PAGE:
Cristian Pinto

Birding Guide

Cristian was born in Santiago and started birding when he was a child with his father’s support. They used to visit the Batuco Wetlands, the highlands above Santiago and the southern forest during his childhood. In those days, they enrolled in SOCH (Sociedad Ornitológica Chilena), a now defunct ornithological association.

In recent years, he has collaborated with the Chilean NGO "Red de Observadores de Aves y Vida Silvestre de Chile" (ROC), actively participating in e-Bird’s early days in Chile and also as an e-Bird reviewer. He has led the census in the Maipo River estuary area for the Neotropical Waterbird Census organized by the ROC and Wetlands International for several seasons.

HHe has travelled through most of the habitats of Chile and several countries in South America like Colombia, Ecuador, Brazil, and Argentina. The last one with a particular focus on natural history explorations in the Cuyo Region (Mendoza, San Juan, San Luis).

He is passionate about bird sounds and soundscapes, reflecting his love for promoting sound appreciation, deep listening and sound capture as a way to understand the ecological relationship between birds and their habitats. Nowadays, he maintains a growing collection of bird sounds on Xeno-Canto.

Find out more about the guide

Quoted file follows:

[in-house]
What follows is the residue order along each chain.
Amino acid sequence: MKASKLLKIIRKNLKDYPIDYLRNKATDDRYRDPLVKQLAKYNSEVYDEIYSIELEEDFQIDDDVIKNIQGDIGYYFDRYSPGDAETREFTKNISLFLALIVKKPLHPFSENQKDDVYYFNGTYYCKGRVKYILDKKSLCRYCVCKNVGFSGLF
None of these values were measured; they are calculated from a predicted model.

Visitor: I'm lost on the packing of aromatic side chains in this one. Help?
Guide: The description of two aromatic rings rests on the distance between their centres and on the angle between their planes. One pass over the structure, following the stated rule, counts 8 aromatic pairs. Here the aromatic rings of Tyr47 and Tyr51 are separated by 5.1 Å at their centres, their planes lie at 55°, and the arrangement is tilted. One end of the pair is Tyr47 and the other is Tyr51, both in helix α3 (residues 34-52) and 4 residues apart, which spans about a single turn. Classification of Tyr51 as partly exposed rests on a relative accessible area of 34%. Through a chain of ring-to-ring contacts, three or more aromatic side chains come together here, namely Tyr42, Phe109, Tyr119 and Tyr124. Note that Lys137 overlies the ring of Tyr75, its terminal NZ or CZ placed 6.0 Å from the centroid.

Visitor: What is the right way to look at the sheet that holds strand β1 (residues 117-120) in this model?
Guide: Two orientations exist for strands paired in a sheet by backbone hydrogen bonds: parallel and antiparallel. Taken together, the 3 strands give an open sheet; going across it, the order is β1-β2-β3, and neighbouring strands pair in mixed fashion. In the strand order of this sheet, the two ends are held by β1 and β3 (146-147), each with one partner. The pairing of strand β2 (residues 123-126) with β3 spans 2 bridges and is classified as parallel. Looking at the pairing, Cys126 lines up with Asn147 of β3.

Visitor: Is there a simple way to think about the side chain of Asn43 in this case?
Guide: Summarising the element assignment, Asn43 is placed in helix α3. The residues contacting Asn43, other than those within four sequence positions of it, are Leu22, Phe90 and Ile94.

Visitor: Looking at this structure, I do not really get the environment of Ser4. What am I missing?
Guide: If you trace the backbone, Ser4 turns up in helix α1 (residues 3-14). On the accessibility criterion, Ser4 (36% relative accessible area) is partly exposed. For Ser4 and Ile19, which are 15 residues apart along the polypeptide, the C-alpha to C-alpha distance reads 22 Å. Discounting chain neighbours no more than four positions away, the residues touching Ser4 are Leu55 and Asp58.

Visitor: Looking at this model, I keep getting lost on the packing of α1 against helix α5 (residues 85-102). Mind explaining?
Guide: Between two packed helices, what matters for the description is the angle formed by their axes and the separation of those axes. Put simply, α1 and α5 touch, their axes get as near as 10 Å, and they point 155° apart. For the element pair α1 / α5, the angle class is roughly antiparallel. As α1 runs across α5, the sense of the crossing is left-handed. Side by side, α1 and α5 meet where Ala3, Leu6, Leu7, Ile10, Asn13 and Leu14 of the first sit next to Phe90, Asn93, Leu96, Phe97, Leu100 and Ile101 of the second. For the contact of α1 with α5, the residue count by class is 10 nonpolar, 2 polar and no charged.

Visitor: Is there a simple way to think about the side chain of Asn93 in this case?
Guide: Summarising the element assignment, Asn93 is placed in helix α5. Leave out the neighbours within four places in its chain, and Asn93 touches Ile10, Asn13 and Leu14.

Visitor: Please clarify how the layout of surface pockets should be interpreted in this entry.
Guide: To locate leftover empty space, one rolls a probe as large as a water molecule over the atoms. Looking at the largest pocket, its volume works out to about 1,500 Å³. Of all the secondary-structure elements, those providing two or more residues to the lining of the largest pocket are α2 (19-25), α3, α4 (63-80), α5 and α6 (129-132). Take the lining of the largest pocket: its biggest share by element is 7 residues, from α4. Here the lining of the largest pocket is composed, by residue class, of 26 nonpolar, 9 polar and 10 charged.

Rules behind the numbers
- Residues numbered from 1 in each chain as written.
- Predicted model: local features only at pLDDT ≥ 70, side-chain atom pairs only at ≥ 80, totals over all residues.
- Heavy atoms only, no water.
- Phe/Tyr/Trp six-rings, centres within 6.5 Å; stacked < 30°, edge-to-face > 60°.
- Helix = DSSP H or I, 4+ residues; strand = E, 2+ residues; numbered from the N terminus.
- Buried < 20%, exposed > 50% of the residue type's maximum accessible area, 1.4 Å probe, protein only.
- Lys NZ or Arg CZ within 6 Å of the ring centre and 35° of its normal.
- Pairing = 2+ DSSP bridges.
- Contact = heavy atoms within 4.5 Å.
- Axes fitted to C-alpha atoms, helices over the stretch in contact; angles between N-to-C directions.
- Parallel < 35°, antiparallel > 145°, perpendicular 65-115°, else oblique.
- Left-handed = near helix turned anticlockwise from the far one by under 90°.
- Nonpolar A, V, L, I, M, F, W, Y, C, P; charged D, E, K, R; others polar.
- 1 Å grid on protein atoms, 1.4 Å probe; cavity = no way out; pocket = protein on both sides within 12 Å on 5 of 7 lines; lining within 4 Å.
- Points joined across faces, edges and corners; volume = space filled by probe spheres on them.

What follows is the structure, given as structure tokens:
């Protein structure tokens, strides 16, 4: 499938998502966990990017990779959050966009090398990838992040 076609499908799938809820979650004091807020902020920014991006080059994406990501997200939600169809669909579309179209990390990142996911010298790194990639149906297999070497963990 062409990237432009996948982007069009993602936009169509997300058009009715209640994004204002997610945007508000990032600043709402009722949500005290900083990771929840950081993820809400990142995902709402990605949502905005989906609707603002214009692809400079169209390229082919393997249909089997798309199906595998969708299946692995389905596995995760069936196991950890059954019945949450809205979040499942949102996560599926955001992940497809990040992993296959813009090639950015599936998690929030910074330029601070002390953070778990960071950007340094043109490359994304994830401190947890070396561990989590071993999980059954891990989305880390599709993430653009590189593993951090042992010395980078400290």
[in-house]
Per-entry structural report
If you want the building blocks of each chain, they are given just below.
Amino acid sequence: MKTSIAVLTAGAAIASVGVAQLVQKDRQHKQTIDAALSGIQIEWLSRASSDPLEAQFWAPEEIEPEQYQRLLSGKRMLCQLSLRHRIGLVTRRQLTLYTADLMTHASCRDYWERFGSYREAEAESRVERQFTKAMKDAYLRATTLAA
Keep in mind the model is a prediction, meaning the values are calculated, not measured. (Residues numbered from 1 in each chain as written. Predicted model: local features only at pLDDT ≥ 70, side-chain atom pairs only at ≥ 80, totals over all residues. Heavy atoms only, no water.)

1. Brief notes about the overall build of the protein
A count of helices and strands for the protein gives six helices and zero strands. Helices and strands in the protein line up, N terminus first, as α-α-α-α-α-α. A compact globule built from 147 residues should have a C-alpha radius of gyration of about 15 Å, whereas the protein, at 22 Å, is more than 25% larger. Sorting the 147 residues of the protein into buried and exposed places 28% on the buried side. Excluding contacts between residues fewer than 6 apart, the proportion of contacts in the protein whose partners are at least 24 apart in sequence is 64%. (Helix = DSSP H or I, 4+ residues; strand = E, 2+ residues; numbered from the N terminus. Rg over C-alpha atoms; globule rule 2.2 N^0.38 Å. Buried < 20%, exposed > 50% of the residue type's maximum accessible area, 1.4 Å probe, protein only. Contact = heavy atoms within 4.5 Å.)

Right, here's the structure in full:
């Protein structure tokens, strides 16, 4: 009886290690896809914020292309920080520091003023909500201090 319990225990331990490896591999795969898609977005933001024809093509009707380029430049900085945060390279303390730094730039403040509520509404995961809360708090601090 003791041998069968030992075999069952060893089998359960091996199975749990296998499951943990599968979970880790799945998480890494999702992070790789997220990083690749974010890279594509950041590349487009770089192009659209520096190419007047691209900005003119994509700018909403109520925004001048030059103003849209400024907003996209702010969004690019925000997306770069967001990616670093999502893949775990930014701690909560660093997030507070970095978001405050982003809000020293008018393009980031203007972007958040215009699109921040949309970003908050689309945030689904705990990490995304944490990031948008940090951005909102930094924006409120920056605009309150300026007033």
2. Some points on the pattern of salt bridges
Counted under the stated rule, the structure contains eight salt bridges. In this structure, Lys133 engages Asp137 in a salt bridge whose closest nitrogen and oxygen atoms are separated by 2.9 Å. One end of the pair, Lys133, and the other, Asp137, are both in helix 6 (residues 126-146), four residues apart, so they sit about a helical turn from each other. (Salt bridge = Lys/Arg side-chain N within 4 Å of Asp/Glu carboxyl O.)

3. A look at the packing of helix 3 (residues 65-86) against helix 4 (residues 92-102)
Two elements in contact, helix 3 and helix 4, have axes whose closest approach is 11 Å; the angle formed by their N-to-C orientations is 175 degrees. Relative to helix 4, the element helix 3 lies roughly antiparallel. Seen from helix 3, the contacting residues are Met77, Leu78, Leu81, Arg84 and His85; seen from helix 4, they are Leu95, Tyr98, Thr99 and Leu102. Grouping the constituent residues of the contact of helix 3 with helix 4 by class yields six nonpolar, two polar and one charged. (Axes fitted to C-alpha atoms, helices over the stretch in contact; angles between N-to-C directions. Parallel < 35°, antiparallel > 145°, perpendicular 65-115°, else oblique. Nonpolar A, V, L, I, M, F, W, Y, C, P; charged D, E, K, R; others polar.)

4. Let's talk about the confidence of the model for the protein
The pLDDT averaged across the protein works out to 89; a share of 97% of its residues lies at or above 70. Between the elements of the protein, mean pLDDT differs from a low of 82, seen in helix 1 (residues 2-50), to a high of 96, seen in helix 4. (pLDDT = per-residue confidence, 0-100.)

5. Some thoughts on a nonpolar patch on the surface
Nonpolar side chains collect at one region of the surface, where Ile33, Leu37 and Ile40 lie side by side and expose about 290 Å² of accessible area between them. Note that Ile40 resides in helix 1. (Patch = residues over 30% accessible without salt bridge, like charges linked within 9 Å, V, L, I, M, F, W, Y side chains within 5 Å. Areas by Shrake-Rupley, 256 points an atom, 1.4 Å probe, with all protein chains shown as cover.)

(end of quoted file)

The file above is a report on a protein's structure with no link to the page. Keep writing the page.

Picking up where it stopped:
When did your interest in birds and wildlife begin? I started in my childhood, around 6 years old with the support of my father, whom also got interested and joined in SOCH (Chilean Ornithological Society). I remember those years in the field with happiness and gratitude, traveling in central Chile, searching for birds, enjoying nature with other passionate adults. I also spent time with people interested in exotic bird breeding, where I learned a lot about other bird topics. Why did you decide to work as a birding and wildlife guide? Because I have been interested in many ways in putting value in the territorial knowledge of neotropical birds, and a birding guide’s purpose is just that. To show the remarkable, unique and emotional of Chile’s native birds. My career as a birding guide has been wonderful. I have met a lot of interesting and passionate birders, whom has been amazed not only with the endemic birds, but also with superb landscapes and safe places for birding in Chile. What do you enjoy the most of guiding a tour? Birding! Enjoying nature with passionate birders! What tour would you recommend for a visit to Chile? I recommend all the trips surrounding Santiago, which shows remarkable ecosystems where many endemic birds live, as well as other tough-to-find neotropical birds that are easy to watch in Chile, like Black-headed duck (Heteronetta atricapilla) and the Chestnut-throated Huet-huet (Pteroptochos castaneus) in the southern central Chile. Which is your favorite species? And why? The Moustached Turca, of course! It's the classic Chilean endemic, it's always easier to hear than see, with a wide vocalization repertoire, they mark the Chilean soundscape with persistent deep calls and particular barking-like sounds. If you are lucky, you will be able to watch a quail-like bird with disproportionately large feet, long eyelashes and symmetrical white patches on the side of the head, from the bill to the neck. These marks give it its mustached name. I love it! Are you involved in any research or conservation projects? I have been participating in the International Wetlands Census at important places like the Maipo Estuary for several years, and also some scouting expeditions to inaccessible places to discover new things for ornithology. The most remarkable are probably the new discoveries of the Elliot's Storm-petrel, with new breeding colonies and also the unrecorded ornithoacustics of this species. I'm passionate about bird sounds, so I proposed to myself to record, collect, curate and investigate avian acoustics and all their related topics, such as animal behavior, sound characterization and soundscape ecology. The last one is a fresh point of view to aggregate accumulated knowledge of the acoustic relationships in nature and the territories’ acoustic heritage, which urgently needs to be valued and conserved. What do you do when you are not guiding? I love being outdoors and searching for new spots for field recordings and collecting bird sounds. I'm deeply connected to sound – I studied trumpet 20 years ago and participate in several music projects in improvisation and sound arts scene. I also practice cycling as way to stay fit, so I have ridden road bikes in all the Chilean Central Zone and have ridden up from my house to Santiago's Highlands (Farellones & Valle Nevado) more than fifty times in the last 10 years. This has familiarized me with the mountain roads like the back of my hand and all its secrets as the particular soundscape of this endemic landscape. What dish or drink would your recommend visitors to try? All kinds of sandwiches. I particularly recommend the "Italiano", that is a meat sandwich with smashed avocado, tomato slices and mayonnaise in warm hand-made bread. Regularly it's served with beef steaks, but can also have it with pork or grilled chicken. It's delicious. Another alternative is a "Barros Luco", that is also a meat sandwich, but it's only with melted tasty cheese. It's a great alternative as a fast and warm meal. These recommendations pair well with red wines like a Merlot or a young Carmenere, but a light beer is also a great alternative to enjoy them. Tell us more about your interest in birdsong recording and soundscapes Birds and music joined early in my life. I have childhood memories of me with a keyboard in the backyard surrounded by singing birds. Further on, when I started recording bird sounds and field recording it felt like something natural. This field practice as an ornithologist, showed me how much was unknown about birds. So since 2012 I aimed to document, classify, curate and update an ornithoacustic sound collection accessible in Xeno-Canto and Macaulay libraries. Locally, I'm already recognized as an avian sound promoter. What do you enjoy the most about outdoor living? I really love to stay focused in the present time, amazed about the miracle of life, particularly, the natural sounds and soundscapes. An outdoor journey give me, over all, happiness and gratitude. For me, a joyfull day consists of an installed spotting scope and listening to the sounds of nature. If I'm accompanied, even better! ¿Wine or beer? Red Wine. If you are in Chile, tasting a red wine is a heritage encounter. But in the same way, drinking a beer with water from the Andes is a must. As a personal recommendation, the most important thing is to say “Salud!”.